Washington, May 22 (EFE).- NASA launched two identical satellites into space on Tuesday from California’s Vandenberg Air Force Base with the aim of better managing Earth’s water resources.
The GRACE-FO mission’s satellites – which will orbit the Earth at a height of some 220 kilometers (136 miles) for at least six months – were sent aloft on board a Falcon 9 rocket at 12:47 pm after the initial launch last Saturday had to be scrubbed.
The satellites will measure the monthly changes in the oceans’ water content and the size of the ice caps to determine how climate change is affecting the planet.
NASA is scheduled to publicly release the first data collected by the satellites in 180 days, but the information provided by them will be analyzed by scientists every 30 days.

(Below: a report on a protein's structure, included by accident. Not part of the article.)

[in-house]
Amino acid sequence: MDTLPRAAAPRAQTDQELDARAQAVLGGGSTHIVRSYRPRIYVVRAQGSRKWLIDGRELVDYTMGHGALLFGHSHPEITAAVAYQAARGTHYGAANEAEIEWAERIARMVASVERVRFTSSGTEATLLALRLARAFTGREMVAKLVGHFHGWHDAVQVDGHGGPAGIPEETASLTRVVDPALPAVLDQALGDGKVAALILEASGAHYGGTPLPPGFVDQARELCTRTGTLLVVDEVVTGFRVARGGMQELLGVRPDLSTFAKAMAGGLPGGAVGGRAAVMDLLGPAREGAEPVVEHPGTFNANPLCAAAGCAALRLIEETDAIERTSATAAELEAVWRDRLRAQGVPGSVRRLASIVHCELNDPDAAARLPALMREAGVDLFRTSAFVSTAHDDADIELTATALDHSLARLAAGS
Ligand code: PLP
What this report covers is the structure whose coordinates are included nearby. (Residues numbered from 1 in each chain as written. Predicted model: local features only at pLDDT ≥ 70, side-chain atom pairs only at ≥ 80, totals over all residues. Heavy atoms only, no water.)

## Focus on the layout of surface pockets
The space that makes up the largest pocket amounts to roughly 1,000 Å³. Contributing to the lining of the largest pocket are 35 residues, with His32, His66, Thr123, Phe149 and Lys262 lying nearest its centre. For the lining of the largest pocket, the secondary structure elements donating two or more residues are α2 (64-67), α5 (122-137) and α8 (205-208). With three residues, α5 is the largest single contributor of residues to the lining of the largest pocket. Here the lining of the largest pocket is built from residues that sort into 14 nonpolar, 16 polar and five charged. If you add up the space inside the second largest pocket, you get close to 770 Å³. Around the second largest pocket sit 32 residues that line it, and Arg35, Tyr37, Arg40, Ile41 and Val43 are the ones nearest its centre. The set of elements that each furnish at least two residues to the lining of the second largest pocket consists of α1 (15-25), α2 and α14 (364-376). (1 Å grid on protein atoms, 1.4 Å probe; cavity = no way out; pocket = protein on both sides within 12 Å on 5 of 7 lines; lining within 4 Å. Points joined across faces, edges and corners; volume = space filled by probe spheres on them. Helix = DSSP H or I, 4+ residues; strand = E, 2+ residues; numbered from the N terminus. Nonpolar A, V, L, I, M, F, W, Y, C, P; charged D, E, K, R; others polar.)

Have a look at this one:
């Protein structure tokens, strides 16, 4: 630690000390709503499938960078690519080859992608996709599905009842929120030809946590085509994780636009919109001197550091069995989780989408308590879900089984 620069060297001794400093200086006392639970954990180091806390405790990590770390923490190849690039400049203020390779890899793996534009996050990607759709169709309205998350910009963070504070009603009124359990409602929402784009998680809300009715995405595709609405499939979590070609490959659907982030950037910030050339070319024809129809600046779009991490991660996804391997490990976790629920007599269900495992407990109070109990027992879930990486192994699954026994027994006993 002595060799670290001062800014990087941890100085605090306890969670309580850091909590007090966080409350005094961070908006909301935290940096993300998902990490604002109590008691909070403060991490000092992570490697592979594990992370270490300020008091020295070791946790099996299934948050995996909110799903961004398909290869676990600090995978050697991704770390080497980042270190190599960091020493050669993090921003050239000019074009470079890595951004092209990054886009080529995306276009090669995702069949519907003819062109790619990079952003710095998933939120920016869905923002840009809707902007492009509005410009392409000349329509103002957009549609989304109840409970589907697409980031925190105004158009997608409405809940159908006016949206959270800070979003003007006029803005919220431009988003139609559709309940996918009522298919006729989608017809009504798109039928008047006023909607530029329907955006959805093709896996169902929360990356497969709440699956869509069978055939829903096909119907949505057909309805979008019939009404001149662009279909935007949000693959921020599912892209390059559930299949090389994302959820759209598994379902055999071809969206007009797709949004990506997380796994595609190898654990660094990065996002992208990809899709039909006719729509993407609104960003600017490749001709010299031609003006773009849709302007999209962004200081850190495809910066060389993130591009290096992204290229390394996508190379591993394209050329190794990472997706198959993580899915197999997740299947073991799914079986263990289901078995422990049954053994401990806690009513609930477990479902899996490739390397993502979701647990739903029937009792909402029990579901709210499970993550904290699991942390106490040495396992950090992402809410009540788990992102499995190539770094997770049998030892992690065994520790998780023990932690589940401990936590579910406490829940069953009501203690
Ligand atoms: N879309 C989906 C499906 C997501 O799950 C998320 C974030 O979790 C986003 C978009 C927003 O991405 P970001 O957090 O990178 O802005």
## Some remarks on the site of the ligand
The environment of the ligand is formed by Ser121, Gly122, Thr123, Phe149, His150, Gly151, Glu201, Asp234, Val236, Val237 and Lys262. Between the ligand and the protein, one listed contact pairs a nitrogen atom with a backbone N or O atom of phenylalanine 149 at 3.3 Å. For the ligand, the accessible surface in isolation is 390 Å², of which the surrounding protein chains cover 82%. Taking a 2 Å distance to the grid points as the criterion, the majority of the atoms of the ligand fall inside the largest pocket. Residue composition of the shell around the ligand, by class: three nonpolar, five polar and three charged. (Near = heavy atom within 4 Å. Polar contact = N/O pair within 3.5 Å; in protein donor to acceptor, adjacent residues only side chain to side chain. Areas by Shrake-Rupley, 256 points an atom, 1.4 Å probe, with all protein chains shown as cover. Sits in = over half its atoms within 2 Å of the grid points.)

Changes over the course of a month are minimal and so the “interesting” thing to study will be the aggregate numbers over longer periods, the mission’s chief scientist, Frank Webb, said at a press conference prior to launch.
The two Gravity Recovery and Climate Experiment Follow-On (GRACE-FO) satellites will allow scientists to produce monthly maps of water distribution and climate shifts, among other things.
Tuesday’s launch is the second phase of the “revolutionary” GRACE mission, which was originally sent into space in 2002 and marked 15 years of space exploration last year.
During that time, GRACE measured the loss of ice in Antarctica, identified patterns in changing ocean levels, discovered anomalies in the storage of underground water and monitored the California drought from 2011-2017.
The data collected were “very important” for the scientific community, resulting in more than 30,000 publications and constituting the first steps toward improving global water management.
The mission is a collaborative project between NASA and the German Research Center for Geosciences (GFZ).